IGF-1-regulated Mitochondrial Protein PNC1 as a marker of breast cancer invasiveness

Key Information

Researcher: 
Cancer type: 
Breast
Research Institution: 
UCC
Grant Amount: 
€139,540
Start date: 
October 1, 2012
End date: 
September 30, 2016

Scientific Project Abstract

One of the major problems with cancer treatment is controlling and preventing the spread of cancer to other tissues, termed invasiveness. Breast cancer may present in one of three ways 1) as a locally contained tumour that does not invade, 2) as a tumour that is already invasive, 3) as a locally contained tumour that has the potential to become invasive following therapy. Early and accurate detection of the potential for invasiveness in breast cancer is very important as the choice of therapy must aim to eliminate invasive cells, while minimising the risk of developing invasiveness later. This can arise when non-invasive cells are damaged by treatment, but not killed. Research has indicated that damage to cell's mitochondria (the factories that produce energy from digestion of food and produce key building blocks for cells to grow) can cause non-invasive cancer cells to become invasive. We have identified a protein called PNC1 which may act as a marker for mitochondrial damage and the potential for breast cancer cells to become invasive. We aim to test how well PNC1 may act as such an invasiveness marker in breast cancer.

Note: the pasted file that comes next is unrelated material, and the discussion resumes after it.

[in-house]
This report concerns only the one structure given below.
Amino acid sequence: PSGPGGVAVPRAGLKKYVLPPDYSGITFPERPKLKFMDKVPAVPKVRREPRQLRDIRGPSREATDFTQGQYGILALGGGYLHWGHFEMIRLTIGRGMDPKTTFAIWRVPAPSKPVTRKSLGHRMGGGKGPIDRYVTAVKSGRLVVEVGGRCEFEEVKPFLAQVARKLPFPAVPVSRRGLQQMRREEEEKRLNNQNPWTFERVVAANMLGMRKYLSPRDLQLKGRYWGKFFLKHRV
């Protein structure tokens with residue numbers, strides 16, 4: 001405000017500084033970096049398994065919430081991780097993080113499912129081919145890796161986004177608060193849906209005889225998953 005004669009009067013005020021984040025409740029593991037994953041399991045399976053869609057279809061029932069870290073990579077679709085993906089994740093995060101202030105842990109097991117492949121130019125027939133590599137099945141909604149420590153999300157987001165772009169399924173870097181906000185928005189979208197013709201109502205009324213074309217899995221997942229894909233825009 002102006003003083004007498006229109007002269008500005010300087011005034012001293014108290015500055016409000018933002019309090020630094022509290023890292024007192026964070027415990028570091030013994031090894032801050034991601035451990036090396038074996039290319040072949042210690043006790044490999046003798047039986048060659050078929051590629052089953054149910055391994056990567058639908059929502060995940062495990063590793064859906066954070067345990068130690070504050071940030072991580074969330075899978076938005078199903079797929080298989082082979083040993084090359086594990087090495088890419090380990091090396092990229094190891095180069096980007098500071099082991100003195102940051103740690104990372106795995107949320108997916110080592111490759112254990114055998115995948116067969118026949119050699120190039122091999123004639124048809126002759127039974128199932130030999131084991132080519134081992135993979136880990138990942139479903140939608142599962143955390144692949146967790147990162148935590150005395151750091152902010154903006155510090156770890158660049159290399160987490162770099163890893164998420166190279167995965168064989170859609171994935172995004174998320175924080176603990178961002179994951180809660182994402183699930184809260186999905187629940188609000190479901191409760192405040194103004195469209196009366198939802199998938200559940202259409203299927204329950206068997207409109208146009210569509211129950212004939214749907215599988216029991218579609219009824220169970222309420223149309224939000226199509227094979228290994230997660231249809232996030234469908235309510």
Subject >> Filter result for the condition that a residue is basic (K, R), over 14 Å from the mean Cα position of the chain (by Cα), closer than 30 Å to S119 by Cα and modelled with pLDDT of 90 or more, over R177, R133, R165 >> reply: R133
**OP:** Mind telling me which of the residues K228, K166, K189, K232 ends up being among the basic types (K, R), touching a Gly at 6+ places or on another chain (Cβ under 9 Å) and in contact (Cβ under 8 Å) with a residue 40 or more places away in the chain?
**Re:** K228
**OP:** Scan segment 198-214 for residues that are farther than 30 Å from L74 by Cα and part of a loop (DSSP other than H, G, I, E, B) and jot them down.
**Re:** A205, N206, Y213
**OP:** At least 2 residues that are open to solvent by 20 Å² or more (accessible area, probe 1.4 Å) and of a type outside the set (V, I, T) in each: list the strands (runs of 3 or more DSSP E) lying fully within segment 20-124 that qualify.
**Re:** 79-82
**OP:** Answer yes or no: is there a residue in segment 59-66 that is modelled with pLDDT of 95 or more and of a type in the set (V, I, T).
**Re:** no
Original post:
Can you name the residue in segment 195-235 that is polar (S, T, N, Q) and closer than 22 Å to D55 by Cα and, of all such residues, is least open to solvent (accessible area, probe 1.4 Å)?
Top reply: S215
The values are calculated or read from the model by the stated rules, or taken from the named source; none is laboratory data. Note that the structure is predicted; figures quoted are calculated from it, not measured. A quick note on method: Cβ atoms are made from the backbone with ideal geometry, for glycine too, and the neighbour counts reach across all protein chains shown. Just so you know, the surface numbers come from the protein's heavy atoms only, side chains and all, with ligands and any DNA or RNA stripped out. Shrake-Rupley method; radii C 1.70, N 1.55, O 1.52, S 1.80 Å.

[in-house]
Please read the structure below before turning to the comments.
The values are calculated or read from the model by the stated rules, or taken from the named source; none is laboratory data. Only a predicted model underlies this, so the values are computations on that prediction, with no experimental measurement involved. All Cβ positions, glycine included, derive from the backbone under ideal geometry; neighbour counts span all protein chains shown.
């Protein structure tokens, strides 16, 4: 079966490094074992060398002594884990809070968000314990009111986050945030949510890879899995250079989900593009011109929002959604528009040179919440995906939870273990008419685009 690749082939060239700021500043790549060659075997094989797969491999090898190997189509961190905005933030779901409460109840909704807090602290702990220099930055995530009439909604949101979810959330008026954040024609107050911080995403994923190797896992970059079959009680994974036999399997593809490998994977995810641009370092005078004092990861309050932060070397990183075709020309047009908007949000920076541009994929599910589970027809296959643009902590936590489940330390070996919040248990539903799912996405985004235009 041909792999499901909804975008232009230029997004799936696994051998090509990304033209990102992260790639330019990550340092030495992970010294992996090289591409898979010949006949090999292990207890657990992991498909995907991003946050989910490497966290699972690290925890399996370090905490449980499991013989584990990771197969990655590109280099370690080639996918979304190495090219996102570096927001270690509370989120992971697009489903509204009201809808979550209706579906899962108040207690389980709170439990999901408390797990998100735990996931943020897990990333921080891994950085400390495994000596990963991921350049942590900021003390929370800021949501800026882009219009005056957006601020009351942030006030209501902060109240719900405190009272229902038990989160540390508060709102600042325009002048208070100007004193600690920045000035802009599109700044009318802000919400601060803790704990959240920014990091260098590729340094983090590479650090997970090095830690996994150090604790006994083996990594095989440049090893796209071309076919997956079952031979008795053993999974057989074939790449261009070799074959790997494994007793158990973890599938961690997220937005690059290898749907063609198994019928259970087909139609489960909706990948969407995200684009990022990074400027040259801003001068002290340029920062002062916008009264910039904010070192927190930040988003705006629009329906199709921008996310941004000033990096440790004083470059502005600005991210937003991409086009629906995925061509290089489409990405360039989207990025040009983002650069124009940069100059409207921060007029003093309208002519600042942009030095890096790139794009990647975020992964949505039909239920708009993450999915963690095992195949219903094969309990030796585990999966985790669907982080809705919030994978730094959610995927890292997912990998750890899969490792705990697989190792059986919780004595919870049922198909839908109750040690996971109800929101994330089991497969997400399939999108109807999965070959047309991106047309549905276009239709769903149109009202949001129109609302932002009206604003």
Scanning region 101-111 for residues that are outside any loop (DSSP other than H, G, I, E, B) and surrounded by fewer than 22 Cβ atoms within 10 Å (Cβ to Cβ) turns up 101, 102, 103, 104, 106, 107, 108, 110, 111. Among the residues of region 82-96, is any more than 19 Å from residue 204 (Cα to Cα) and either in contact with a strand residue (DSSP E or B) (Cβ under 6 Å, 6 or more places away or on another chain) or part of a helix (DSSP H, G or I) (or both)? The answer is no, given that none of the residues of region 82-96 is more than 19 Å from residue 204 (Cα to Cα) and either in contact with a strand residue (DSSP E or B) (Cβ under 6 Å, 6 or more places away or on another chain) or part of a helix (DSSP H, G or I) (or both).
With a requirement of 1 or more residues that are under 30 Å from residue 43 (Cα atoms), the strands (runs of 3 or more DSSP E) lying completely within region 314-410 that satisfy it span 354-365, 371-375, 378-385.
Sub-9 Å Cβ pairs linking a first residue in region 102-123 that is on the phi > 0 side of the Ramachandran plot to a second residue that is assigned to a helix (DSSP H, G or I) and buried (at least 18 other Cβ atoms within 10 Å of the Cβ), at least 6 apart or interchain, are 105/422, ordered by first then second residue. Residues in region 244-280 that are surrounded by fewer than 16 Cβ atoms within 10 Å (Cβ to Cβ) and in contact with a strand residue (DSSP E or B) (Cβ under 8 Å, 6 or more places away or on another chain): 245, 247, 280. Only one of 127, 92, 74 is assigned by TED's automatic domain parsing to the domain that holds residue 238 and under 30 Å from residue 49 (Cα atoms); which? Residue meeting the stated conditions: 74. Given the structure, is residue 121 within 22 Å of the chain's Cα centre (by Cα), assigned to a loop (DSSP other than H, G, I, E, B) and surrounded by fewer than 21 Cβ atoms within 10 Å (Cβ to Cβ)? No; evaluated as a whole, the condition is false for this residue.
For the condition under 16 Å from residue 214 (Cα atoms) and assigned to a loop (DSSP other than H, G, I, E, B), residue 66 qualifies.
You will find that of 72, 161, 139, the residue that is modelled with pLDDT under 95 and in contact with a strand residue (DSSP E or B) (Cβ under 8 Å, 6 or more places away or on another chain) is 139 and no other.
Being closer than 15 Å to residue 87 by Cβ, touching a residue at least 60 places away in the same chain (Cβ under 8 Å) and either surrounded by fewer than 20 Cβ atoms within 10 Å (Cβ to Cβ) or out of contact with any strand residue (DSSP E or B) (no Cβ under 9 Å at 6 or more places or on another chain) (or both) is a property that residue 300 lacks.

For the non-scientist

One-line description: 
Identifying molecules which may be used as indicators of breast cancer aggresiveness
What this project involves: 

Breast cancer cells may acquire the ability to invade to other organs in the body if they are not successfully killed by initial drug treatments. Early and accurate detection of the potential for invasiveness in breast cancer is very important as the choice of therapy must aim to eliminate invasive cells, while minimising the risk of developing invasiveness later. This project aims to characterise a protein called PNC1 as a marker for identifying invasive breast cancer tumours, as well as assessing the likelihood of invasive breast cancer developing following treatment.